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  • Українці розповідають про пережите під час війни з росією

    Ukrainians talk about their experiences during the war with russia

    Damaged house after a missile hit

    “During each explosion my dog would fall to the ground”. How a woman from Irpin evacuated herself and her dog, and lost a home

    Life under fire

    АвторAuthor: Yulia Zarudnitska | Translation: Hanna Dzhyhaliuk

    11 August 2022

    Olena Koliada is from Kyiv. For the last 10 years she’s been living in Irpin. On February 25 she decided to leave home and move away from the shelling to a safer place. As it turned out a month later, a missile hit her house. And 20 days ago her family’s home was bombed. Olena shared her story with “Monologues of the War”.

    I’ve always loved my Irpin, a beautiful and cozy town. After 10 years it became such a familiar place that I could walk around it with my eyes closed. I loved commuting Monday to Friday, loved coming back home to my family, loved walking my dog in the park every day. I’ve always loved my life. To someone it may seem boring, but to me it was filled with homely warmth and comfort. I’ve been to many cities of Ukraine: Kharkiv, Odesa, Dnipro, Zaporizhzhya, Chernihiv, Sloviansk, Zolotonosha, Smila… We have a wonderful country, but coming home to Irpin is the best thing for me.

    For me, February 24 started at 5:20 am

    My alarm clock rang quietly, I was lying in my bed, making myself stand up to walk my dog. That was when I heard two planes fly above. Neither my family nor I understood then the scale of what was happening. I even went on my traditional walk that morning. When we were in a park, my dog and I heard some bangs somewhere far away. I didn’t realize what was going on. Even after I read about explosions in Kyiv, Odesa, Kharkiv… I still couldn’t wrap my head around it. How could I? How can a normal educated person understand that something like that can happen in 21 century?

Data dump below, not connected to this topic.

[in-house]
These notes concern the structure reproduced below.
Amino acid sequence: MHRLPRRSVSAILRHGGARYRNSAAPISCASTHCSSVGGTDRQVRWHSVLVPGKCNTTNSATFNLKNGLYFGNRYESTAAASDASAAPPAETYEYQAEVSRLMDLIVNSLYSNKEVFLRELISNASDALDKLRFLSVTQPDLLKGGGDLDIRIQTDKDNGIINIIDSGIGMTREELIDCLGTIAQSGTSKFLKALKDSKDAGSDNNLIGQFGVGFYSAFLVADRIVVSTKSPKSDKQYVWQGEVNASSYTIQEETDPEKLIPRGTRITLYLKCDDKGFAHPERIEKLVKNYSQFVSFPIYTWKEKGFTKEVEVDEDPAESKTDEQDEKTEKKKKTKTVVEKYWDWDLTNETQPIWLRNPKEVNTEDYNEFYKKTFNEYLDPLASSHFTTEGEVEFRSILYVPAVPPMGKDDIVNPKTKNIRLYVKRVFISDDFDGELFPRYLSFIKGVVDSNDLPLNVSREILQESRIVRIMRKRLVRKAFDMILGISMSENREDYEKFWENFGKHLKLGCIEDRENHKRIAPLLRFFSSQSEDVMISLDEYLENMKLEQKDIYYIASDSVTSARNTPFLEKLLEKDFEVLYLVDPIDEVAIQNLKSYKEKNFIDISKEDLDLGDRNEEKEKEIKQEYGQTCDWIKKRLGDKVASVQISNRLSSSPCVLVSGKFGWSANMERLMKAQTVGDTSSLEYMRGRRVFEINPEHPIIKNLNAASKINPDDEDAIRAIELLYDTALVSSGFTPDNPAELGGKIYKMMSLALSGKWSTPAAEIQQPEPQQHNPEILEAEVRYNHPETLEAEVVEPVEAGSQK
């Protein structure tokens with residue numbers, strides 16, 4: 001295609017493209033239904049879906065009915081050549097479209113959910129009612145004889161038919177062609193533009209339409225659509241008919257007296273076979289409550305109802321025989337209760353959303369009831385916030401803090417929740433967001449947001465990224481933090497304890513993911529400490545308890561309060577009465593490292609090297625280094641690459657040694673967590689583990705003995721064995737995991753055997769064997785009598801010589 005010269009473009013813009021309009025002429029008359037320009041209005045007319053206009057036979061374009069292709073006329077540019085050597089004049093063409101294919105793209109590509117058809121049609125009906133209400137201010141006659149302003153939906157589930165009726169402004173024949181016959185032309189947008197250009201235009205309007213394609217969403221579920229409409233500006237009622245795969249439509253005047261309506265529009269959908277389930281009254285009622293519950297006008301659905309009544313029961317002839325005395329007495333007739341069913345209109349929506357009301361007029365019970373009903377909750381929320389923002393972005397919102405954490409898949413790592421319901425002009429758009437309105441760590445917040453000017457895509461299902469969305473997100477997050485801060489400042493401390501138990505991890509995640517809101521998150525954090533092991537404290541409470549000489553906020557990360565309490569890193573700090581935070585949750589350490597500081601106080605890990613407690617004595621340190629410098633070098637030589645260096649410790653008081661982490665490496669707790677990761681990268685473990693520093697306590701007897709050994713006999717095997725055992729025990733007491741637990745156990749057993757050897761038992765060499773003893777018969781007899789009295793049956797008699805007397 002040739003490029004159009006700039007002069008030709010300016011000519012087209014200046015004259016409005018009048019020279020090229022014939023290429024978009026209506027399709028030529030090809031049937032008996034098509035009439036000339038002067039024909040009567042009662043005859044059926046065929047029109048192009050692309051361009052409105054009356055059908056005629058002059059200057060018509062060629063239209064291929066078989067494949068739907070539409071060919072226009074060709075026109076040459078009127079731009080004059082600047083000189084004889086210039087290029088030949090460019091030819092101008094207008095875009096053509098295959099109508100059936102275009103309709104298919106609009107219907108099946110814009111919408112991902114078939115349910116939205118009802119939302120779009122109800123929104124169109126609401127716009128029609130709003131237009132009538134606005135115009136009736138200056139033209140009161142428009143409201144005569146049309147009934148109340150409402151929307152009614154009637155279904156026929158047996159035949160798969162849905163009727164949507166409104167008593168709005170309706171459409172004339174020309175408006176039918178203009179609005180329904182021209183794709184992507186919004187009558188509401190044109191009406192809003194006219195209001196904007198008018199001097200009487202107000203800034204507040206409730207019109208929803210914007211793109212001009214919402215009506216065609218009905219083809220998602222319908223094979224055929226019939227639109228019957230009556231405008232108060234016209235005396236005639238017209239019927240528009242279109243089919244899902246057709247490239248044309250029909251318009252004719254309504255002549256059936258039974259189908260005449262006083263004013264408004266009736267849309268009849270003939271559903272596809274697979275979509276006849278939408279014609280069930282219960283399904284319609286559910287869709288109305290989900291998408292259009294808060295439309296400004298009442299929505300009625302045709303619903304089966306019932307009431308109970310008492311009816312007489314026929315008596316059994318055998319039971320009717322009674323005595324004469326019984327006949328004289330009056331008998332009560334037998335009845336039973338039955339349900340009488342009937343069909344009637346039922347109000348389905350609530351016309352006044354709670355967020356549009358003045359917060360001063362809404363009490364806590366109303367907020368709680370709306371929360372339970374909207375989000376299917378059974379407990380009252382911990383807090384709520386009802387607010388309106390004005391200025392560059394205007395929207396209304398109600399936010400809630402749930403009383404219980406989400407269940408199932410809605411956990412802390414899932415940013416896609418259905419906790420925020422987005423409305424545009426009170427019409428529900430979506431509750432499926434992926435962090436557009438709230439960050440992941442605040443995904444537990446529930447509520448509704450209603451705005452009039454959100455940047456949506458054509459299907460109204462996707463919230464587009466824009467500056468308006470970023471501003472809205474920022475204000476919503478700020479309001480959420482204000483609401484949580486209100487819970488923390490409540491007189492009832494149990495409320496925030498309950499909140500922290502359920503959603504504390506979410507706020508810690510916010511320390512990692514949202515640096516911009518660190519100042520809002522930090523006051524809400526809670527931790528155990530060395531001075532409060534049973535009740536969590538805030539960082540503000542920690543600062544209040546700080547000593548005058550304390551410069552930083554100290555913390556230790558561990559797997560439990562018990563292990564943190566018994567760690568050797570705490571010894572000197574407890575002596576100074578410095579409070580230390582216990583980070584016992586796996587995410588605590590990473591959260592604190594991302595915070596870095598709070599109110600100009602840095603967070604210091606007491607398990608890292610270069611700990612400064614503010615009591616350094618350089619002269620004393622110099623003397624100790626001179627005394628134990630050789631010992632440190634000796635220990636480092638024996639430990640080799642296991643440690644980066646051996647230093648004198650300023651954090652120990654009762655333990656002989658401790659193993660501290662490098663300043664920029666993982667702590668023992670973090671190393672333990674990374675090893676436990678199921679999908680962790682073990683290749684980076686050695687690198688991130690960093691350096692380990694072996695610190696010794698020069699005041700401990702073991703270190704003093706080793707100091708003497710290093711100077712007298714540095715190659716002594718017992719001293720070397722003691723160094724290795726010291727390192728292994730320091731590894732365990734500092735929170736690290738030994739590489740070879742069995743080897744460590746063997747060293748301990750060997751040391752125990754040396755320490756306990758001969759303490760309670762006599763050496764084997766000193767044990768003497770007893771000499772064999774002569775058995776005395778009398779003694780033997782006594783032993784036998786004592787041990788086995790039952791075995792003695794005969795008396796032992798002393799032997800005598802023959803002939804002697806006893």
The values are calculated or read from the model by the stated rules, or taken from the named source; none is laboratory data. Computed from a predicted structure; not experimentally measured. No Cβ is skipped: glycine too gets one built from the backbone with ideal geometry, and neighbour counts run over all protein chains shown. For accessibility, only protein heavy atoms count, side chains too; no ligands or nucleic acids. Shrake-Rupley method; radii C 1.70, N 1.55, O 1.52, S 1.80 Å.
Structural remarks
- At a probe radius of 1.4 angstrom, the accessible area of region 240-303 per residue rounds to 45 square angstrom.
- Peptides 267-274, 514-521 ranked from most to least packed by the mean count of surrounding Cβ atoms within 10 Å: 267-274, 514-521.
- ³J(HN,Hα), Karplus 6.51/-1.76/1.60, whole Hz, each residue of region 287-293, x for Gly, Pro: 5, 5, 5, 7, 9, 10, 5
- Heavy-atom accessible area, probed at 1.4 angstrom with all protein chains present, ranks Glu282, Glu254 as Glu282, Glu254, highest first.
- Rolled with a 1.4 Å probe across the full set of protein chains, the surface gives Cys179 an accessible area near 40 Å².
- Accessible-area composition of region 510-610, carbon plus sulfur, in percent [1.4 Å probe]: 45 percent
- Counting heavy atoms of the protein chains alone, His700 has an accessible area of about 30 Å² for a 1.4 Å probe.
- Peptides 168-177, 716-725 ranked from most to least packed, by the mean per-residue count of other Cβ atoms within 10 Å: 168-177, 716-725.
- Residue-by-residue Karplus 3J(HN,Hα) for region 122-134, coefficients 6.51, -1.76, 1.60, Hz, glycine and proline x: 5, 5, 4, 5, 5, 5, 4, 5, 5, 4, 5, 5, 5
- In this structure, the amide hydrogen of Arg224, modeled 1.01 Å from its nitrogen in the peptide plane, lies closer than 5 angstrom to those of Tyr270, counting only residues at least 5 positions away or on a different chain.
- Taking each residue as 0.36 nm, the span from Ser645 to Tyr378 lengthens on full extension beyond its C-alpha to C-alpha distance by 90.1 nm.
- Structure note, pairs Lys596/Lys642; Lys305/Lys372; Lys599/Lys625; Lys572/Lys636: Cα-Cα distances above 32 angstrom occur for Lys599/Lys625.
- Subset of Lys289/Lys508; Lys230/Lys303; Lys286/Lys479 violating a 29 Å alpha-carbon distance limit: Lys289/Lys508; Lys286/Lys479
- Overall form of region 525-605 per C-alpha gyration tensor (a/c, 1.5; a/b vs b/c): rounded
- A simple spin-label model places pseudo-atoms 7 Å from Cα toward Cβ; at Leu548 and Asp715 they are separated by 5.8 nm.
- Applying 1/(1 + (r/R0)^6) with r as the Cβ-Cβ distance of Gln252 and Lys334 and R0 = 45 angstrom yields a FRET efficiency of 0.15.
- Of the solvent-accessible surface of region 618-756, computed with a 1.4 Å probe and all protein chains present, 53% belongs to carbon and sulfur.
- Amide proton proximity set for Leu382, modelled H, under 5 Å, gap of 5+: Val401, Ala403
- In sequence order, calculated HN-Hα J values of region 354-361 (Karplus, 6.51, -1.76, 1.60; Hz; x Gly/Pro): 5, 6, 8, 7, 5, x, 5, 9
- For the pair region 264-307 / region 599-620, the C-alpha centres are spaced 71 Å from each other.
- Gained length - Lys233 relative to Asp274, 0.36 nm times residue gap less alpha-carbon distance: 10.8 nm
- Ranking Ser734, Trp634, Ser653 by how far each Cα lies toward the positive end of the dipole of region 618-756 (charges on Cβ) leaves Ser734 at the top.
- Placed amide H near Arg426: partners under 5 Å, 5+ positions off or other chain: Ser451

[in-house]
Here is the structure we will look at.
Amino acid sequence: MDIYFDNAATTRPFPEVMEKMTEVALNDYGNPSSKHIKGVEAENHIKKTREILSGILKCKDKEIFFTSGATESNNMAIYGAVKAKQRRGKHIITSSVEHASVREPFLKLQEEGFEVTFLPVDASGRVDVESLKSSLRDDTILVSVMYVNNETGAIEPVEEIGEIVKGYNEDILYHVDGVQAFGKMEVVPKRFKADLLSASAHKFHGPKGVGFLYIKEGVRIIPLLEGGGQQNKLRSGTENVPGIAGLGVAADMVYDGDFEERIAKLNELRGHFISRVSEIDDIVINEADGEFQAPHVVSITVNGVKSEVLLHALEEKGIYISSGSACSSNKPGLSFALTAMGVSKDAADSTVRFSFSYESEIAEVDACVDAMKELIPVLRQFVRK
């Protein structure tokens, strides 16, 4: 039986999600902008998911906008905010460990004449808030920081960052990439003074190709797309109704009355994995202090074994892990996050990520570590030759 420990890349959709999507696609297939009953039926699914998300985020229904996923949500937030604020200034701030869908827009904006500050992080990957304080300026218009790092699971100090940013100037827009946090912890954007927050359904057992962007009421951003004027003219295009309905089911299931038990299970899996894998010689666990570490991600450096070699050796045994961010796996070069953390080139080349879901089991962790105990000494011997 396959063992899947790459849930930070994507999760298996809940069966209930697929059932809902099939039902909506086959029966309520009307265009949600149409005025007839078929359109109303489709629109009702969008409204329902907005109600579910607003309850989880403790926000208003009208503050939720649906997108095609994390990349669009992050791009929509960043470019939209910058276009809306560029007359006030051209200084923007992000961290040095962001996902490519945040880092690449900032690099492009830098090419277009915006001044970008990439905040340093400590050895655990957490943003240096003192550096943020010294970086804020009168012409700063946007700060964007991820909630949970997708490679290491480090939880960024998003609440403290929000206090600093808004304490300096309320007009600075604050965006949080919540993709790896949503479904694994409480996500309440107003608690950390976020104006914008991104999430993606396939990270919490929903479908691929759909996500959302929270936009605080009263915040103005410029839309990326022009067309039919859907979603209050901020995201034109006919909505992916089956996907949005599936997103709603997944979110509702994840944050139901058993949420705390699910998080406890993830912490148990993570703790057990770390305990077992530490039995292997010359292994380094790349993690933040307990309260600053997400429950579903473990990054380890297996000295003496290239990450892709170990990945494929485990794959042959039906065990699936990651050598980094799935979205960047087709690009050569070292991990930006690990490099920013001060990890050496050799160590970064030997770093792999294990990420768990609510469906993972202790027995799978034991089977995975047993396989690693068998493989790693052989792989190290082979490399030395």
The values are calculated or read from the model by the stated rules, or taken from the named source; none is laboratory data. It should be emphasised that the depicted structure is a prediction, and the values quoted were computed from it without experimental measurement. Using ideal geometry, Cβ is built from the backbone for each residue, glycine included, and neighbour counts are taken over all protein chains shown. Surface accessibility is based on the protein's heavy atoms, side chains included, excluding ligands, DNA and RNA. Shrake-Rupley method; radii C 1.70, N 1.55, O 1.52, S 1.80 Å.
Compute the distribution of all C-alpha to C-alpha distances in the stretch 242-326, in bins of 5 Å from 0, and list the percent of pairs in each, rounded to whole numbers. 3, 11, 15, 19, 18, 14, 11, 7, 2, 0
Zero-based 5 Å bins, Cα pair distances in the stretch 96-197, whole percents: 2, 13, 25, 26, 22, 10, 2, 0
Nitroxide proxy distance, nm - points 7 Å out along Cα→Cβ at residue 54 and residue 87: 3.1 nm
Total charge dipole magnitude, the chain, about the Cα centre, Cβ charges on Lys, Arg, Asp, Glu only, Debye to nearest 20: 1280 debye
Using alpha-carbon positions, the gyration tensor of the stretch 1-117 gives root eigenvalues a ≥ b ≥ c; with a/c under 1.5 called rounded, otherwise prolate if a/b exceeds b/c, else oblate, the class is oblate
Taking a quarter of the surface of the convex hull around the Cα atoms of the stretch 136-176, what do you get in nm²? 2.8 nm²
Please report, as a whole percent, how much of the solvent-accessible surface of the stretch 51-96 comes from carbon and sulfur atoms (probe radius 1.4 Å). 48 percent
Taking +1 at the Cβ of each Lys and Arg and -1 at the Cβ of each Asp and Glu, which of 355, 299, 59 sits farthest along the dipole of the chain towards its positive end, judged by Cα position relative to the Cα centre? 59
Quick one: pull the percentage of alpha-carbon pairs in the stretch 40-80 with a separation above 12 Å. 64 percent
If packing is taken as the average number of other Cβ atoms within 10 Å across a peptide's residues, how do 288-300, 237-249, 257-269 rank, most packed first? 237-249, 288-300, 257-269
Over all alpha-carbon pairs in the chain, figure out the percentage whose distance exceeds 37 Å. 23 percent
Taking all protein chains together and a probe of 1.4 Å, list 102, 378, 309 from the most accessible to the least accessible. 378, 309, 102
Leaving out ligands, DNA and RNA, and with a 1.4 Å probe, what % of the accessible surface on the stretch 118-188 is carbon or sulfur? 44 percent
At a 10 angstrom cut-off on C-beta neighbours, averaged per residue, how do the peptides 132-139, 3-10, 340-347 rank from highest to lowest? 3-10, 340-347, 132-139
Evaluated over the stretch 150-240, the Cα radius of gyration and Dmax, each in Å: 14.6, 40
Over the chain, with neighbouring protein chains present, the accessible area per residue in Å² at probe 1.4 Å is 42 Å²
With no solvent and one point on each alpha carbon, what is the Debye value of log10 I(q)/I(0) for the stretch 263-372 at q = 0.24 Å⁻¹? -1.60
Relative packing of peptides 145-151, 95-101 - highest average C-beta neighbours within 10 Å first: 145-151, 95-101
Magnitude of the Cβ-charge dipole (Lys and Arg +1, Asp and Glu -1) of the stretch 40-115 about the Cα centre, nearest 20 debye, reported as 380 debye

On February 24 many of my neighbors spent the evening in a basement of the other section (the closest bomb shelter is a long walk away, so people arranged places in the basement rather quickly). The others were sitting on the first floor of my section. By the way, the mattress that people used to sleep on there was taken away only a week ago. 

    From February 25 people basically didn’t leave the basement. We were lucky living on the first floor, so we could stay at home for a while.

    Olena Koliada

    Personal photo of Olena Koliada

    It was scary when on February 24 helicopters flew towards Hostomel. It was scary when fighter jets were flying very low above our heads, when I was walking my dog. But it wasn’t scary after that, we all were simply waiting for this surreal thing to end. But the war was coming closer and closer to our home. Yes, russians had already tried to force their way into Irpin, but it was in the other part of it, so until March 4 our street was relatively quiet.

    On March 3 we learned that my husband’s parents’ house was destroyed after a direct hit by a missile. Later we would long be on the phone with all the governmental and non-governmental organizations, trying to evacuate my husband’s parents from occupied Bucha, from the Glassware Factory. Finally the war appeared closer, when it affected our loved ones. You always think it’s something far away and won’t ever hurt you. 

    Family’s house

    Our house hit by a russian missile